From Beyond (Unrated Director's Cut) Review

The Film

Lord knows what goes through the minds of censors but I suppose the sadomasochistic overtones of From Beyond would never go down well with the MPAA. With Stuart Gordon's feature début, Re-Animator, the film had been released without a rating as no way would the infamous "head" sequence find favour with the moral majority. With a studio deal though, his follow up needed a rating to be distributed widely and the director had to go through the indignities of lectures and cuts to his film before it could hit cinema screens in a bowdlerised form. The film still did okay and reviews were favourable but the joyful excess that marked his début had to be sacrificed to some degree. This new MGM release restores the brain eating, eye popping and extreme digits that made the film as much fun as its predecessor.
Adapting again from Lovecraft, From Beyond reunites the key assets of Stuart Gordon's debut. This time, the wonderful Jeffrey Combs plays victim and Barbara Crampton plays misadventuring scientist and Brian Yuzna, Dennis Paoli and Richard Band reprise their respective contributions to the production, writing, and music. The tone of the film matches the gross out of the first movie and there is a similar balls to the wall approach to scaring people, but the perversity of From Beyond is even more transgressive and, well, sexy. Combs is Crawford Tillenghast, an assistant to mad scientist and sensory adventurer, Dr Pretorious, whose success in untapping another dimension leads to his own demise and Combs being locked up in the booby hatch. There he is studied by hot totty and pioneering psychiatrist, Crampton, and she gets him freed to re-create the experiments. This leads to all hell breaking loose, some whipcracking sleaze, and strange headaches.

I won't say anything more about the plot because there isn't really a lot more to say in this deliriously brief slice of cartoonish horror. I am quite sure that those with serious literary needs will be appalled at the lack of depth and the reliance on stereotypes in the script, they will also find themselves rather non-plussed by the illogical actions of the characters and the crowd pleasing nudity and violence. It comes as no surprise that the film was shot in Italy as it shares the spirit of Italian exploitation films of the seventies and early eighties, and like them it is brilliant entertainment. Even better than that, the film knows it is trashy and revels in the nonsense it is with lines like "He's become the thing that ate him" and "it bit off his head like a gingerbread man" delivered by the funny and reliable Combs.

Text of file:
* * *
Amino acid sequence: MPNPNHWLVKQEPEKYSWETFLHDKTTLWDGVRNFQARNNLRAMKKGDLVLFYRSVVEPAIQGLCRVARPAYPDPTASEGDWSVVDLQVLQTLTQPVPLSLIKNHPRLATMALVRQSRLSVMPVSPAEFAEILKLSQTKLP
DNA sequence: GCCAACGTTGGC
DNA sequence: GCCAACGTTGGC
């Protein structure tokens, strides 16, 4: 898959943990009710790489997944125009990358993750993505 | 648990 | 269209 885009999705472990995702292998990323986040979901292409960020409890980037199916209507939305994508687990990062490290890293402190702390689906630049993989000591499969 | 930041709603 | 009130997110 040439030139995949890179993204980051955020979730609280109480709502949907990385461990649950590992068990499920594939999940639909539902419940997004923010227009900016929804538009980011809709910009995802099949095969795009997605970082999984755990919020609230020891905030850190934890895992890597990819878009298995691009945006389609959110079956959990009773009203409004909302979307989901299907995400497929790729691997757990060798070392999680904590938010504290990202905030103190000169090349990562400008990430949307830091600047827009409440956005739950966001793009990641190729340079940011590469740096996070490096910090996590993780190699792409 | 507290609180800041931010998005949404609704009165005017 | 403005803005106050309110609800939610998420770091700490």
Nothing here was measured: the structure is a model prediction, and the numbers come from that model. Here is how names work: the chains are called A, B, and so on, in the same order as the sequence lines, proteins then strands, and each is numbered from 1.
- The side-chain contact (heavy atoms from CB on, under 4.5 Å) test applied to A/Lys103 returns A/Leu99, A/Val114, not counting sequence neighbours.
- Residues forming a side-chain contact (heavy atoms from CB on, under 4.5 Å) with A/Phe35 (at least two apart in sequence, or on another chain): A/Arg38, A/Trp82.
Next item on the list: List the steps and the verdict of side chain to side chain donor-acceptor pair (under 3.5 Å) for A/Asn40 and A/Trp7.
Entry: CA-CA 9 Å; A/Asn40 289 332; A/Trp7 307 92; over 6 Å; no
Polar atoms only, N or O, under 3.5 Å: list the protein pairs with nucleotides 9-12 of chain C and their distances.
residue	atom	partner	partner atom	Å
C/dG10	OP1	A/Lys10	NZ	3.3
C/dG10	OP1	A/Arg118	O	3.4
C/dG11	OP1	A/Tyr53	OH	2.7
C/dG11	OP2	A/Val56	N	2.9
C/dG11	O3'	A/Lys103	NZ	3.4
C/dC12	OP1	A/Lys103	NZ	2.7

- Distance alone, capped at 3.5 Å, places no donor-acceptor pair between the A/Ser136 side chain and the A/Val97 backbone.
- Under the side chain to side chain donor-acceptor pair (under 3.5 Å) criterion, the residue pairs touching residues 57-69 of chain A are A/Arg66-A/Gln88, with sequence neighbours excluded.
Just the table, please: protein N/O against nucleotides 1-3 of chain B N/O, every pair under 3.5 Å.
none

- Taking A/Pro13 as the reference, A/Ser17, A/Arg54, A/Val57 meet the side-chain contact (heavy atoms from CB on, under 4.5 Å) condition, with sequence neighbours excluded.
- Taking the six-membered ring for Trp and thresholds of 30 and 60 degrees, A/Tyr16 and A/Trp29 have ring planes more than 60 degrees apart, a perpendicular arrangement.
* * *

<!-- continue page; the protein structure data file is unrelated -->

Continuing her important role in the maturation of many young men in the eighties, Crampton gets to endure more scenes of obscene desecration and she enjoys playing the hidden vamp more than the flat role of Megan Halsey. The whole movie bathes itself in the erotic and the profane and captures that visceral unspeakably sticky Lovecraft feel with superb model work and monster design. Some of the matte effects are a little old looking now, and the whole affair relies on you accepting the genre of mad scientists and its stereotypes rather than wanting careful exposition. In the end, From Beyond has the same popcorn factor as Re-animator and will probably leave fans of that film with the same huge smile of contentment because of its plentiful titillation and gunk. It made me feel like a teenager again, and God bless it for that.